Just something to think about.

Larry Lewis

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so you admit that youre an idiot?? re chinese violins; does the phrase 'kicking a dead horse' mean anything to you........

Well , it has seemed that you thought I was an idiot for buying the Chinese Violins .

Man , I just like to give you a hard time some times just to see what you will say. Works both ways!

About thining the tops . What is to much? I had one violin that was just as thin as paper in some parts of the top. I think it was to thin but then I sold it to a guy that liked it that way.

Keep having fun!

Larry Lewis

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anything under 2.5mm and 3mm in the middle or 4mm in the middle of the back, like my gemunder is almost 1.5-2mm in huge areas, thats the work of the kind of idiot im refering to, larry if your confining your regraduations to cheap chinese ok i suggest you apply for a job in china, the pay might be better. however it has been my experience that chinese violins are quite thin to start with, not like old factory german, better to leave well enough alone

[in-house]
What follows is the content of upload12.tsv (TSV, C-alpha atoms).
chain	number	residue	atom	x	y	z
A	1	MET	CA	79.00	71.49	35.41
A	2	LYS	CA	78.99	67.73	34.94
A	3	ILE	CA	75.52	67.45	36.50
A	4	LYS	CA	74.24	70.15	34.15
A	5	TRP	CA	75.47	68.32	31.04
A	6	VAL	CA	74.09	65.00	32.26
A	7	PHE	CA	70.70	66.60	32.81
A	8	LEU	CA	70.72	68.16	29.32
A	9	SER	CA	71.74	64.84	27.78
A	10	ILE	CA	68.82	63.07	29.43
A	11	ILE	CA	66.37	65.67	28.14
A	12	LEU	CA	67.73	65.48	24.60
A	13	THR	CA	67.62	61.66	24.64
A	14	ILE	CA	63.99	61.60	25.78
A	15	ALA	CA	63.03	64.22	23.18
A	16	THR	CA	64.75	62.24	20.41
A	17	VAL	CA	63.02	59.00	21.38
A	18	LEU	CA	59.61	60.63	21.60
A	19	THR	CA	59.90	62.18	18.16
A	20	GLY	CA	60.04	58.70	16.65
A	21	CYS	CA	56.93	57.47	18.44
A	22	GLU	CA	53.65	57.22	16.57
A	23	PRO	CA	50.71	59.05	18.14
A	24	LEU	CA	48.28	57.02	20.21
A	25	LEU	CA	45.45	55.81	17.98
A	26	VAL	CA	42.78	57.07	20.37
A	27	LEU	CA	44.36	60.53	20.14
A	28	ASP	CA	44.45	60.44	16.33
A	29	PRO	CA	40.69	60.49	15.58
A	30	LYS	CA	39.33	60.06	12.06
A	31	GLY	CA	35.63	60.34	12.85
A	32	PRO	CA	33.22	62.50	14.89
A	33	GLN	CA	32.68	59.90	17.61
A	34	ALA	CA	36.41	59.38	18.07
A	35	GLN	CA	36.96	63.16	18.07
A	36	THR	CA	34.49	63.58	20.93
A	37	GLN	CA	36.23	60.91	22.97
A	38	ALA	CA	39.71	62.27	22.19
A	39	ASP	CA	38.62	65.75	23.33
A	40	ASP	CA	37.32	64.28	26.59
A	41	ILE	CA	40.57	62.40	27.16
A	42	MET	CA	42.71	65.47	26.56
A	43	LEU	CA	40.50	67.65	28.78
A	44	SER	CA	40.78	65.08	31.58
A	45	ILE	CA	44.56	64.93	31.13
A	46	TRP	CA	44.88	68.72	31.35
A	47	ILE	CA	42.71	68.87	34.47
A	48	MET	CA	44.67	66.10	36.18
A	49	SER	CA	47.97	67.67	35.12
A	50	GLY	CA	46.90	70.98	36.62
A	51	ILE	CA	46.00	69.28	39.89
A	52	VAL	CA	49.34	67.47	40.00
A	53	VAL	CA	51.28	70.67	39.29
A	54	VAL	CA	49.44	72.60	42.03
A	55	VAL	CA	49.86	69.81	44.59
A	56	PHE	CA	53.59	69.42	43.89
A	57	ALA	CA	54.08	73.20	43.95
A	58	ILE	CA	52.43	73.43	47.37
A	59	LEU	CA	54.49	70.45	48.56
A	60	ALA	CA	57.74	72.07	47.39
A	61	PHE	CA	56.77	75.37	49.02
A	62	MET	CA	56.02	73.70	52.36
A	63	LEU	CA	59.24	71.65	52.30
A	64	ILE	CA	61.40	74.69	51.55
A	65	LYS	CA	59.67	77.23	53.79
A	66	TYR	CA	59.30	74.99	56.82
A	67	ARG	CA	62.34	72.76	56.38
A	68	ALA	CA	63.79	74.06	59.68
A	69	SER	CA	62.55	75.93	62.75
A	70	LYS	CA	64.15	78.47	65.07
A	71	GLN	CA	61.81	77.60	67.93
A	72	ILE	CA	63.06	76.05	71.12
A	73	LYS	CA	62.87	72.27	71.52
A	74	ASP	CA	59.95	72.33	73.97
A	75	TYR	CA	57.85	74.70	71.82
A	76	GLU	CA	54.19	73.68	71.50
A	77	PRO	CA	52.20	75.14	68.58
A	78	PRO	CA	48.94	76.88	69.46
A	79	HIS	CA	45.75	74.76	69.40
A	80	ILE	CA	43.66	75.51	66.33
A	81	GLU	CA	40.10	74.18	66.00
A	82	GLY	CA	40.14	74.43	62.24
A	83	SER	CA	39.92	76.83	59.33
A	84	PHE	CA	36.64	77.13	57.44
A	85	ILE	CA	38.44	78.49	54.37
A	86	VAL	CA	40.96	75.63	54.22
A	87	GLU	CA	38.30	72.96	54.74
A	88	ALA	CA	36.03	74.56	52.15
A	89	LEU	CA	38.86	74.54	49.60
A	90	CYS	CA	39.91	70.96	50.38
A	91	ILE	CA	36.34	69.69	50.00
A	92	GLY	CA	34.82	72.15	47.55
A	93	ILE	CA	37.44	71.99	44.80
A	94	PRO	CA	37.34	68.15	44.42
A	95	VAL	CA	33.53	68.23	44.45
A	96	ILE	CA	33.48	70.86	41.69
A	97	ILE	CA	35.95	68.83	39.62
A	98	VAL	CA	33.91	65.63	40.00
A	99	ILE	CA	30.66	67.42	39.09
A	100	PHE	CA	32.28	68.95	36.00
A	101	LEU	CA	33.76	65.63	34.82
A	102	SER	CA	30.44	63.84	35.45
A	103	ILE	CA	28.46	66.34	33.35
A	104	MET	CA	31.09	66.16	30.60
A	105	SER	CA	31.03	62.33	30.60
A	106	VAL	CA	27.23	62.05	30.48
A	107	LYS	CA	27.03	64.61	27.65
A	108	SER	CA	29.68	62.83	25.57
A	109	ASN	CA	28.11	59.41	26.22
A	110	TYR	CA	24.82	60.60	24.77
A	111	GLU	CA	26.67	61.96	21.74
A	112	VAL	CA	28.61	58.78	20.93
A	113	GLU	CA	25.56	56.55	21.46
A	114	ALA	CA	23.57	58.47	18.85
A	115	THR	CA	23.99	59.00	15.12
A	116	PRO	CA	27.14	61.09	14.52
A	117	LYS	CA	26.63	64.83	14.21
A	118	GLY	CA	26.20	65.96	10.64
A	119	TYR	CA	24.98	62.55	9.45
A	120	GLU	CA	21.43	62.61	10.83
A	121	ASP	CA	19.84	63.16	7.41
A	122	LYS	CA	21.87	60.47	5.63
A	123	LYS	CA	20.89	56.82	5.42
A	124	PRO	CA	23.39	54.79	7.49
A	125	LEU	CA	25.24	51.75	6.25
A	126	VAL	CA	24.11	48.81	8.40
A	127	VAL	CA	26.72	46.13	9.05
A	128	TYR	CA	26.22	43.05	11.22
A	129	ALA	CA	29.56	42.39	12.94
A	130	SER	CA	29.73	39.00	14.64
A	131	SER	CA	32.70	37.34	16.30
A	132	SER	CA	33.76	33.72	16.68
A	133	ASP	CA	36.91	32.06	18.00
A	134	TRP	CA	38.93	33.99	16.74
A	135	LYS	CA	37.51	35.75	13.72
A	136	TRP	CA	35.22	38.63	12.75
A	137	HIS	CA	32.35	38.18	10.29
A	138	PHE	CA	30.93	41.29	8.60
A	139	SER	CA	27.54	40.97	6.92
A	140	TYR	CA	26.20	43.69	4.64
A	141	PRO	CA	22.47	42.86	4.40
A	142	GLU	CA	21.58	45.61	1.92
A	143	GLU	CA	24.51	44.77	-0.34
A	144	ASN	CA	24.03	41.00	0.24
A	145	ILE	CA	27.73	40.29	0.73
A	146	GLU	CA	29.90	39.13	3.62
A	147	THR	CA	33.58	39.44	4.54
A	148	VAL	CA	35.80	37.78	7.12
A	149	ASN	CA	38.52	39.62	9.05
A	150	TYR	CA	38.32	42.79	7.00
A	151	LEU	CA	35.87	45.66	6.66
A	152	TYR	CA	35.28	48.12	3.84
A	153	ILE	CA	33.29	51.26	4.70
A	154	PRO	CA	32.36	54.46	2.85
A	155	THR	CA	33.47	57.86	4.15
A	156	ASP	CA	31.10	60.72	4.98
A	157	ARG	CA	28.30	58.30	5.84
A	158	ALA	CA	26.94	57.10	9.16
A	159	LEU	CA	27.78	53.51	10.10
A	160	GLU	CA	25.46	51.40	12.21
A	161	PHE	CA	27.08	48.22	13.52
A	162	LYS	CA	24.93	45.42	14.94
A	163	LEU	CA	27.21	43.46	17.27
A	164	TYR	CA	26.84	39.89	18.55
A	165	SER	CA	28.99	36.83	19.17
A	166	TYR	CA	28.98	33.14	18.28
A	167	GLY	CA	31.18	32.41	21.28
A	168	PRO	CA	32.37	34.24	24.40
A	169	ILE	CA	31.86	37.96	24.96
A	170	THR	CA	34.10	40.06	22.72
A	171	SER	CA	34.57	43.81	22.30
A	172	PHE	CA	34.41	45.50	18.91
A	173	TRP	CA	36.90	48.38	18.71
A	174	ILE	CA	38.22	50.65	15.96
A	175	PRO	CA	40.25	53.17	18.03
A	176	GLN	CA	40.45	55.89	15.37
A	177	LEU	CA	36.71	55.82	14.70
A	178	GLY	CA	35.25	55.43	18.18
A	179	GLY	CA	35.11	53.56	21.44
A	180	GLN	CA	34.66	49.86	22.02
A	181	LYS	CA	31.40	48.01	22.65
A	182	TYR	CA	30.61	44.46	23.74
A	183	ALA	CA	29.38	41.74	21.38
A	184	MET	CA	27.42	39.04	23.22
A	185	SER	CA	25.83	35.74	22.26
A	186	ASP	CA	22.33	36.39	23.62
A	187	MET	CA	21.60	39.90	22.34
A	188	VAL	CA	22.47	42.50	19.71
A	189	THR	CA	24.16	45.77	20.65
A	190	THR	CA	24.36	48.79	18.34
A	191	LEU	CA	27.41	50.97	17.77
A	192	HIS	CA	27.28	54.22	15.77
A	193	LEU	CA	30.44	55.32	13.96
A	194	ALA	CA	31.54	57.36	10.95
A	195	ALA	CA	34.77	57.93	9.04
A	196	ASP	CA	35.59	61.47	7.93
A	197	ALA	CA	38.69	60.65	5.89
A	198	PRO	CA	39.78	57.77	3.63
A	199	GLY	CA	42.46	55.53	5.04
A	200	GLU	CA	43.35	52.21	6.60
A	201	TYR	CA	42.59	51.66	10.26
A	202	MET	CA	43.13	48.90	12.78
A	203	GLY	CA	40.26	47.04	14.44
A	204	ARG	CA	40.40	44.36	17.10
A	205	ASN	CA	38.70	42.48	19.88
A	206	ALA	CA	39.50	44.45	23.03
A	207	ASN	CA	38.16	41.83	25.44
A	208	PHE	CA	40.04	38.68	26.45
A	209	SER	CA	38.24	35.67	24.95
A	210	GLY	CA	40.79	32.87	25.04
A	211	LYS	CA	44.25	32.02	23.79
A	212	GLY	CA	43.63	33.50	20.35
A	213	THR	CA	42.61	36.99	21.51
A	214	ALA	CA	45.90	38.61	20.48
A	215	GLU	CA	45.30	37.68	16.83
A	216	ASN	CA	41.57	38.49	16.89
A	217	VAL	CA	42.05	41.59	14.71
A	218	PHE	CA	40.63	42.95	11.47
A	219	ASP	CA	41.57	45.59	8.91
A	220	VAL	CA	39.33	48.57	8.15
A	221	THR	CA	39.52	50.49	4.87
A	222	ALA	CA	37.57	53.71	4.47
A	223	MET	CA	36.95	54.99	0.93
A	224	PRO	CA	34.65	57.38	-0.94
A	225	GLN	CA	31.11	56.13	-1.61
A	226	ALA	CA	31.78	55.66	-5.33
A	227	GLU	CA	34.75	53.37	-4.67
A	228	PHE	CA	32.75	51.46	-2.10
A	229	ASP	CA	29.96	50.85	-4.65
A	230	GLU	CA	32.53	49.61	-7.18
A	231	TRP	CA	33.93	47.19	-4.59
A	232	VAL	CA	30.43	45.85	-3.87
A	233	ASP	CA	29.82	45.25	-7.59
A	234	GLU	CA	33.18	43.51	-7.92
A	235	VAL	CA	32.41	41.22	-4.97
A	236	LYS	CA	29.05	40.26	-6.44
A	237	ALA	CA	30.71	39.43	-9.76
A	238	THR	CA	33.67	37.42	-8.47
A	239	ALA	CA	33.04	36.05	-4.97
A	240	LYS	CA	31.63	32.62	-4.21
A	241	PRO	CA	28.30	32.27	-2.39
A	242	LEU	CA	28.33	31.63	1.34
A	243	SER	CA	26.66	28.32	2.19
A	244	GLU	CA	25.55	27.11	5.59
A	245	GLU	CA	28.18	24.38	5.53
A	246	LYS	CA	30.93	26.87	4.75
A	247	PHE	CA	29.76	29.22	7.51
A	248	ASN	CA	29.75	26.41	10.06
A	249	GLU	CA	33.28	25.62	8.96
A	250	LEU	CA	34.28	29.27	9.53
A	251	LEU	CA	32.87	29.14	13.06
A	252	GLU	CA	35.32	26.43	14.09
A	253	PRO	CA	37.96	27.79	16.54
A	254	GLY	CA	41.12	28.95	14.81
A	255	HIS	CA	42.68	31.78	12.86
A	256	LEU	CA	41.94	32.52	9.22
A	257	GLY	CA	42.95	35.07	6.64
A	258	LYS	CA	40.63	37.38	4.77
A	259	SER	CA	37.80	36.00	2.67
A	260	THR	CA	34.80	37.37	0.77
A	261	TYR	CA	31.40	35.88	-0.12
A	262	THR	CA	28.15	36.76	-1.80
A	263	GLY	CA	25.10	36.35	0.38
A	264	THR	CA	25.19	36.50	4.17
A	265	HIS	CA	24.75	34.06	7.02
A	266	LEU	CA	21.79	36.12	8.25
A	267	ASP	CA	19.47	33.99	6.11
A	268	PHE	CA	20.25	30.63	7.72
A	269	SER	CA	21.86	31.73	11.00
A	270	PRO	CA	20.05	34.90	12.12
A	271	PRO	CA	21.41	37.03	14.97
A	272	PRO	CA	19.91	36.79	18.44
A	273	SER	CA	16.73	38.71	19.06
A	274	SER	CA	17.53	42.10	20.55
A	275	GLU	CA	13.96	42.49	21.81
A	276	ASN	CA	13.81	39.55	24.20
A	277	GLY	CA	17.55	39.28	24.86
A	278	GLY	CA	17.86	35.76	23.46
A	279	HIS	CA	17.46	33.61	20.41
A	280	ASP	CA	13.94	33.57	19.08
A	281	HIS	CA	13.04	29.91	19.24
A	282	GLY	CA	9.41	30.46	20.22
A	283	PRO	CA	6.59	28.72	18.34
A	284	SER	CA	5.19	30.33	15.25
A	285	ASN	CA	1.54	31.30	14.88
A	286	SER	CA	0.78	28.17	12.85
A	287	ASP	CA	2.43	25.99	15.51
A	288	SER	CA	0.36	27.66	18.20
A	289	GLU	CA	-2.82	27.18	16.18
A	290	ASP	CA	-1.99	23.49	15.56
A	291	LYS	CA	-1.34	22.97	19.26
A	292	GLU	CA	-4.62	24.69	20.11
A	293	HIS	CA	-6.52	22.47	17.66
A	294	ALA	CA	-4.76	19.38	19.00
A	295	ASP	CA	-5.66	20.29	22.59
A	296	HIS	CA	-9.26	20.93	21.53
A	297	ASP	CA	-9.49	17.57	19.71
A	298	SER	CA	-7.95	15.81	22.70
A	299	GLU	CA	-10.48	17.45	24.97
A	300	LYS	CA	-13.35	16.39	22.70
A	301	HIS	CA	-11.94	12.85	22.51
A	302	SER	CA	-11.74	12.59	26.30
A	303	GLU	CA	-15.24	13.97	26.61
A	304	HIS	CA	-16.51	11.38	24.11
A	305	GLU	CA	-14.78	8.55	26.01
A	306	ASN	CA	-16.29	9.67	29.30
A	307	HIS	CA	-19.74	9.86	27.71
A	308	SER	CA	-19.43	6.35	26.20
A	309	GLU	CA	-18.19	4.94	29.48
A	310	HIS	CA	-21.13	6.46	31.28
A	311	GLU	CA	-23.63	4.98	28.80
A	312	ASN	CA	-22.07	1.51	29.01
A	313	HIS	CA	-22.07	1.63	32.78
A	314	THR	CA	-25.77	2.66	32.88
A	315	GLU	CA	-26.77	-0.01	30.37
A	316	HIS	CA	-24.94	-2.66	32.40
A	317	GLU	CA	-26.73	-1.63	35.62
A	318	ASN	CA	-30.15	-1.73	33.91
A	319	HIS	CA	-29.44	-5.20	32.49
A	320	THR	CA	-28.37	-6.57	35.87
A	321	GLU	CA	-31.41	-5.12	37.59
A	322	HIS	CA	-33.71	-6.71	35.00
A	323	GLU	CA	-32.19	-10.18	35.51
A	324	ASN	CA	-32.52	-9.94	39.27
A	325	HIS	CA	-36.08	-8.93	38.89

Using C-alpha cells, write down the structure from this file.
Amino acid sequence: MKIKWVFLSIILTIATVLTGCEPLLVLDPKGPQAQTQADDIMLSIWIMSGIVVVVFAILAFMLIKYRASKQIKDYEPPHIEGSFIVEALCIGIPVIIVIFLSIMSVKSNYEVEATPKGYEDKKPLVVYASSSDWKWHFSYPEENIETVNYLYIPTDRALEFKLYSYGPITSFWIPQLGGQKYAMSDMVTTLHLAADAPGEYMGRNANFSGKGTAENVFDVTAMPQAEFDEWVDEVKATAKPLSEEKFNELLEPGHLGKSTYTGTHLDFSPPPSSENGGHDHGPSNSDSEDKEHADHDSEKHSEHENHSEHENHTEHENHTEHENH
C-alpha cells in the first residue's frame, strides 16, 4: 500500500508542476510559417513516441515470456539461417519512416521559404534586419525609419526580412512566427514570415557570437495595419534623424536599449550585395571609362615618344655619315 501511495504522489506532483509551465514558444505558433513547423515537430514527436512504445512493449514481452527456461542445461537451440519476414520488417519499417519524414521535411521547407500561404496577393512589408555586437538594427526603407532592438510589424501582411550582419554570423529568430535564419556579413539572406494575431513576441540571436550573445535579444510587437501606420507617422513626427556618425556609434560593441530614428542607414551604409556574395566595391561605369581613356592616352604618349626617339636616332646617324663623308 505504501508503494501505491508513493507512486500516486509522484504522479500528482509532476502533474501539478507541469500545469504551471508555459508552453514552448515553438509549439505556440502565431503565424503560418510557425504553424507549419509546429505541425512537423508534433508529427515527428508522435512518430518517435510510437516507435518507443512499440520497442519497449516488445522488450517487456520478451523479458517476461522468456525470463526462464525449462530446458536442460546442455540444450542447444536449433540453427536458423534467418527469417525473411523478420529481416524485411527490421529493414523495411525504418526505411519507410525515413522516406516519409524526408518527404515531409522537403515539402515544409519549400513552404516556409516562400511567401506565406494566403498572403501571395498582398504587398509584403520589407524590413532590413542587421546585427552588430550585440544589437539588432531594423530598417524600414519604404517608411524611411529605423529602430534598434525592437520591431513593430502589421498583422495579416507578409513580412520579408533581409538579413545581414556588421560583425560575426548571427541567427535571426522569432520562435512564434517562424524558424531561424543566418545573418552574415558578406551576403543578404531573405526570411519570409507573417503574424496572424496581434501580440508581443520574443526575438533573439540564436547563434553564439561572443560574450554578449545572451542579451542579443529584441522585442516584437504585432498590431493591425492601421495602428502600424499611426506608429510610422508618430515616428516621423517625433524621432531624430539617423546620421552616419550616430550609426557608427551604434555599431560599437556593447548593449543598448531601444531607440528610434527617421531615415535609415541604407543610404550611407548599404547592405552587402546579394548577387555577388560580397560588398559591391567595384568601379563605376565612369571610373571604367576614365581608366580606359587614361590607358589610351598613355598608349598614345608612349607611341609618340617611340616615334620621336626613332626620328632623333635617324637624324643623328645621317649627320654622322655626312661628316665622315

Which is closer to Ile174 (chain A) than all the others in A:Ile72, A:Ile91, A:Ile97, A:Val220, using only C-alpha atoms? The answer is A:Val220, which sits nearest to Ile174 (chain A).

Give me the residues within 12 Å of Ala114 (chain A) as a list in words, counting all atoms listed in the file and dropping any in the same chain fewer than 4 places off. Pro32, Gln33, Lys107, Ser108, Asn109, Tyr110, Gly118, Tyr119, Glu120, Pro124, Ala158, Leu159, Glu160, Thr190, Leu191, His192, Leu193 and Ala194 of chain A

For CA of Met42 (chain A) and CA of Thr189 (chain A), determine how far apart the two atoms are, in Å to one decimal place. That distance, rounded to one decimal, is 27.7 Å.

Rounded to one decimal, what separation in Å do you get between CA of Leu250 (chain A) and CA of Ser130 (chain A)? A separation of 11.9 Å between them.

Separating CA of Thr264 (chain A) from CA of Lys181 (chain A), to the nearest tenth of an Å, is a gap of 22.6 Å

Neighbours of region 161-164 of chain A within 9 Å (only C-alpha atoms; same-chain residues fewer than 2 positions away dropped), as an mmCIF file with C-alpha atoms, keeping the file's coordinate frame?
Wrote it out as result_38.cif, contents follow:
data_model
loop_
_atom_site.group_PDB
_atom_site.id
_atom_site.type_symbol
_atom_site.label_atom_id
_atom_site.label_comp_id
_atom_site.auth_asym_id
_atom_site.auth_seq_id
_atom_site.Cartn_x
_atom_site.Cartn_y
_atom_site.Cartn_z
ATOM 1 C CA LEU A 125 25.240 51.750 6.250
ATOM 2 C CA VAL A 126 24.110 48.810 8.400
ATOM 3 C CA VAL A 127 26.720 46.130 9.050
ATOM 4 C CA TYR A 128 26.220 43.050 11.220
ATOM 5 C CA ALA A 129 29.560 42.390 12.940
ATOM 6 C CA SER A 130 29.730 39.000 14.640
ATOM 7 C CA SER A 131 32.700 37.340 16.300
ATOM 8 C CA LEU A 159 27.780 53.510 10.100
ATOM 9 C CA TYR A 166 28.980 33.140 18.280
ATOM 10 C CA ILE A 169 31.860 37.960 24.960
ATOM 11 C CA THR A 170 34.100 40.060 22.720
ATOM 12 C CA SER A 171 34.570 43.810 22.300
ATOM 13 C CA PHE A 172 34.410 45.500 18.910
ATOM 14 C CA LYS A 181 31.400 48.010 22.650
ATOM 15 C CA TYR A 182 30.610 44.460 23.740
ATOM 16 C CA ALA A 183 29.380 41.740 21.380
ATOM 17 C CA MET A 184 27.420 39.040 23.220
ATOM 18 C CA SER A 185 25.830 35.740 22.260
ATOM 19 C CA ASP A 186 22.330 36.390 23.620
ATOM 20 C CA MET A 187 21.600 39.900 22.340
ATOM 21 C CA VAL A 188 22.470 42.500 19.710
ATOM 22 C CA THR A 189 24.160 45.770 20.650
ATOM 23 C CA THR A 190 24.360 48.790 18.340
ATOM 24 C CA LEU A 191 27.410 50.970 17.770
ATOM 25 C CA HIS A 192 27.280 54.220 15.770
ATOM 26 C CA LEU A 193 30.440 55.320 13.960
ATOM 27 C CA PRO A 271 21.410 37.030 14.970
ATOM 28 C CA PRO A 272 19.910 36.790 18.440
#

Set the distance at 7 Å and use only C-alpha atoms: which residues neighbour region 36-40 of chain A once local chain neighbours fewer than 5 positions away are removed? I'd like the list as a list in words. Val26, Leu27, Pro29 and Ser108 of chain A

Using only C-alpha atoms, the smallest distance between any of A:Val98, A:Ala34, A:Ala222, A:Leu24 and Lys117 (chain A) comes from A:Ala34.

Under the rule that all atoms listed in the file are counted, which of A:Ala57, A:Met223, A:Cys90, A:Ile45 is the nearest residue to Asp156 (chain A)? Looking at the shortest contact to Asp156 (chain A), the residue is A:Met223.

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anything under 2.5mm and 3mm in the middle or 4mm in the middle of the back, like my gemunder is almost 1.5-2mm in huge areas, thats the work of the kind of idiot im refering to, larry if your confining your regraduations to cheap chinese ok i suggest you apply for a job in china, the pay might be better. however it has been my experience that chinese violins are quite thin to start with, not like old factory german, better to leave well enough alone

Well Lyndon, I can`t argue with you about the old German factory violins. They do sell better too.

On the Chinese violins I get, most of them are thicker than you would like acording to what you write here. ( I am about the same in what I like as you. so no argument there.) I get them cheep so if I put some work into them I still come out ok.

If you ever come to Chicago, I hope you will stop in and see me. That would be fun!